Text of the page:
• Near the top of the list of companies that stand to benefit is Exelon , one of the nation's largest energy providers. It may sound like a head-scratcher at first, but the company would benefit tremendously from its 19,000 MW of nuclear power capacity. How? According to numbers released by the Department of Energy, Exelon's atomic contributions to the national grid offset up to 115 million metric tons of emissions each year. Depending on the type of carbon program installed, that could generate up to $2.3 billion in tax or trading credits and make Exelon the largest carbon neutral -- or even carbon negative -- energy provider in the world.  

A comprehensive carbon policy could free billions of dollars in capital from the world's biggest companies by adding certainty and stability to the markets.

Why you, the individual, want a carbon tax
What are the drawbacks of a carbon tax? According to John Reilly, the co-director of MIT's Joint Program on Science and Policy of Global Change, a carbon tax has "virtually no serious trade-offs." The program's study, which I referenced earlier, showed that "the overall economy improves, taxes are lower, and pollution emissions are reduced."

A 2011 study (link opens PDF) by the EPA stated that the three largest sectors for carbon emissions in 2007 were energy (6,291 million metric tons), agriculture (426 million metric tons), and industrial ($351 million metric tons). So will consumers have to foot the bill for a carbon tax? That's usually how corporations handle taxes. However, consider that even cheaper natural gas resulted in climbing electricity prices in the past several years as the costs of infrastructure upgrades were passed along to consumers:  

Source: EIA.

A carbon tax could offset this climb directly by establishing an Energy Security Trust, which the president mentioned last night, to protect consumers from price increases. Gradually, as the grid becomes greener and more efficient, taxing carbon could result in pricing benefits for consumers, which is something volatile natural gas cannot do.

The tax would also help reduce the unforeseen budget-bombs caused by the negative externalities of atmospheric pollution. As Marc Gunther, a contributing editor at Fortune magazine and a national leader on sustainability, told me:

Taxes are used to reduce things society wants less of. Humans currently treat the atmosphere as an unregulated garbage dump. We can pollute as much as we want without having to face any consequences, while taxpayers and governments foot the bill for public health and natural disasters.

In other words, we are already paying for carbon emissions. Until those accounts are labeled as such, we run the risk of never questioning why or demanding funding options other than our personal bank accounts. More frequent and more violent wildfires, hurricanes, snowstorms, and other forces of nature resulted in a national record 99 major disaster declarations in 2011. Rising sea levels are even forcing an island nation to move to higher ground. We cannot continue to be so ignorant to the effects of relentless carbon emissions or the economic opportunity they offer.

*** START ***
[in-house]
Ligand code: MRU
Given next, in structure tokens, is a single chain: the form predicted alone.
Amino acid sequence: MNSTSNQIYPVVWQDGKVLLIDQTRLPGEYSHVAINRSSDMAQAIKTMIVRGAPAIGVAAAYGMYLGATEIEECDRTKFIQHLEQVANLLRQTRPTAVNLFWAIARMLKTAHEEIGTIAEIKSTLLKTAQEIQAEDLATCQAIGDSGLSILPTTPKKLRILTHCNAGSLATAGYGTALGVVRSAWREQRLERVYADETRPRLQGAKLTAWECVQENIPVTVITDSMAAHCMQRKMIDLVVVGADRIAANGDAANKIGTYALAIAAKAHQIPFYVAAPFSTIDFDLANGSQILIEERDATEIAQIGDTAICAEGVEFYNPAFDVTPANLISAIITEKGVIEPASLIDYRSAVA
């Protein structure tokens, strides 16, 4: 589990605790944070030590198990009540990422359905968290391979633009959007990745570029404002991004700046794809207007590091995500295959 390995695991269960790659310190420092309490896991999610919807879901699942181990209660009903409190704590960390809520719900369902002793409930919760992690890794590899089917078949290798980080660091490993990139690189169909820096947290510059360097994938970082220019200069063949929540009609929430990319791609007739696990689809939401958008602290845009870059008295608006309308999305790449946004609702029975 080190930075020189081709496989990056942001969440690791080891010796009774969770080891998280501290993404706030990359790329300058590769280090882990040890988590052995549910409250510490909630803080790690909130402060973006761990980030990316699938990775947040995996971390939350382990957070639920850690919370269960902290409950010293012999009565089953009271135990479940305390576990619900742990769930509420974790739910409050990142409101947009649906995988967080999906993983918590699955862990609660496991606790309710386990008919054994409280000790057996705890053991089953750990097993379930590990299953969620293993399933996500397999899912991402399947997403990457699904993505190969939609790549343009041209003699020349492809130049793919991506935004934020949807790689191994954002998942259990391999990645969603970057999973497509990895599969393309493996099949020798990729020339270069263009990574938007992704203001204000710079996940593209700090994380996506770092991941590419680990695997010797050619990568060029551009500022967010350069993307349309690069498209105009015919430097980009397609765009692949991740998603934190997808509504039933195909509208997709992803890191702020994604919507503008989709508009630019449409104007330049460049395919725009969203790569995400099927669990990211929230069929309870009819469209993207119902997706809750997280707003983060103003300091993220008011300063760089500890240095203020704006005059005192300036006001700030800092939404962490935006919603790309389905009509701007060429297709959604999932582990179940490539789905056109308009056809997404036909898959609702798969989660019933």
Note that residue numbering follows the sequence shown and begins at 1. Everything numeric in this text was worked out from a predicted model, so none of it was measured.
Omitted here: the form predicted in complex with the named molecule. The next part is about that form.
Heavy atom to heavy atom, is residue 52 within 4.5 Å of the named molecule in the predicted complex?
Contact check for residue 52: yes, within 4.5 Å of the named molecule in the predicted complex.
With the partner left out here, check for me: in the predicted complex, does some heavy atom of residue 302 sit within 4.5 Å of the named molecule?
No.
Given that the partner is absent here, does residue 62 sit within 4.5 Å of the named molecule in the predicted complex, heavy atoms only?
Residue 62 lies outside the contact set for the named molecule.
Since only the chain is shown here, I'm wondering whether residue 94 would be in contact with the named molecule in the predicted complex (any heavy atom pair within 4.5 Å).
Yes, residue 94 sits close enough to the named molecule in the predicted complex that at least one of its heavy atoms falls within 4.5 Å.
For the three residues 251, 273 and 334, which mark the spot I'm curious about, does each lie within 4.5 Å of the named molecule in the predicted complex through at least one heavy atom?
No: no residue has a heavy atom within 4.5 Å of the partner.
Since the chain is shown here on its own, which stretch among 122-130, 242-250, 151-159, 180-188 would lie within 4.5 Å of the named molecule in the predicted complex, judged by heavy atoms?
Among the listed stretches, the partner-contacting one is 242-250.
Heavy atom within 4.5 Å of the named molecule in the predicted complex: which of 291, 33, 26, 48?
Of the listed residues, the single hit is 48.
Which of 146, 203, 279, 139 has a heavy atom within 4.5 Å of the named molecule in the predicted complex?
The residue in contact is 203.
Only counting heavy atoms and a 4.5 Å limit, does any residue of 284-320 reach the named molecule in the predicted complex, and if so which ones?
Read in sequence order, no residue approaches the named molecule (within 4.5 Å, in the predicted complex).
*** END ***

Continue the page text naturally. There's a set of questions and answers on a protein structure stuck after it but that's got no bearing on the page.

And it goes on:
Foolish bottom line
Let's hope President Obama can make good on his promise last night to enact serious measures to curb the country's emissions, either through bipartisan collaboration or executive orders. The stage was certainly set for a national discussion on carbon legislation. To me, the efficiency of government is more important than its size. That includes a simpler tax code and less wasteful social programs that provide more bang for the buck. A carbon tax should be seen as a real part of the tax reform and budget deficit reduction discussions.

The revenue it generates could go to virtually anything. The important thing is that we bring it into the conversation.

Imagine just one possibility: A carbon tax is enacted that, by nature, frees politicians to sit down and raise tax revenue and/or take a hard look at wasteful social programs. Seeking just half of the originally sought debt-ceiling revenue from the latter two sources, or about $700 billion, and combining it with stewardship from the carbon tax could reduce our nation's deficit by nearly $2.2 trillion over a 10-year period.

The opportunity is too great to ignore.

As the nation moves increasingly toward clean energy, and possibly a carbon tax, Exelon is perfectly positioned to capitalize on having the largest nuclear fleet in North America. Combine this strength with an increased focus on renewable energy, and Exelon's recent merger with Constellation places Exelon on a short list of top utilities. To determine whether Exelon is a good long-term fit for your portfolio, you're invited to check out The Motley Fool's premium research report on the company. Simply click here now for instant access.

The article How a Carbon Tax Can Save America originally appeared on Fool.com.

Fool contributor Maxx Chatsko has no position in any stocks mentioned.  Check out his  personal portfolio  or follow him on Twitter, @BlacknGoldFool , to keep up with  his writing   on energy, bioprocessing, and emerging technologies. The Motley Fool recommends Exelon and Waste Management and owns shares of Waste Management. Try any of our Foolish newsletter services free for 30 days. We Fools don't all hold the same opinions, but we all believe that considering a diverse range of insights makes us better investors. The Motley Fool has a disclosure policy.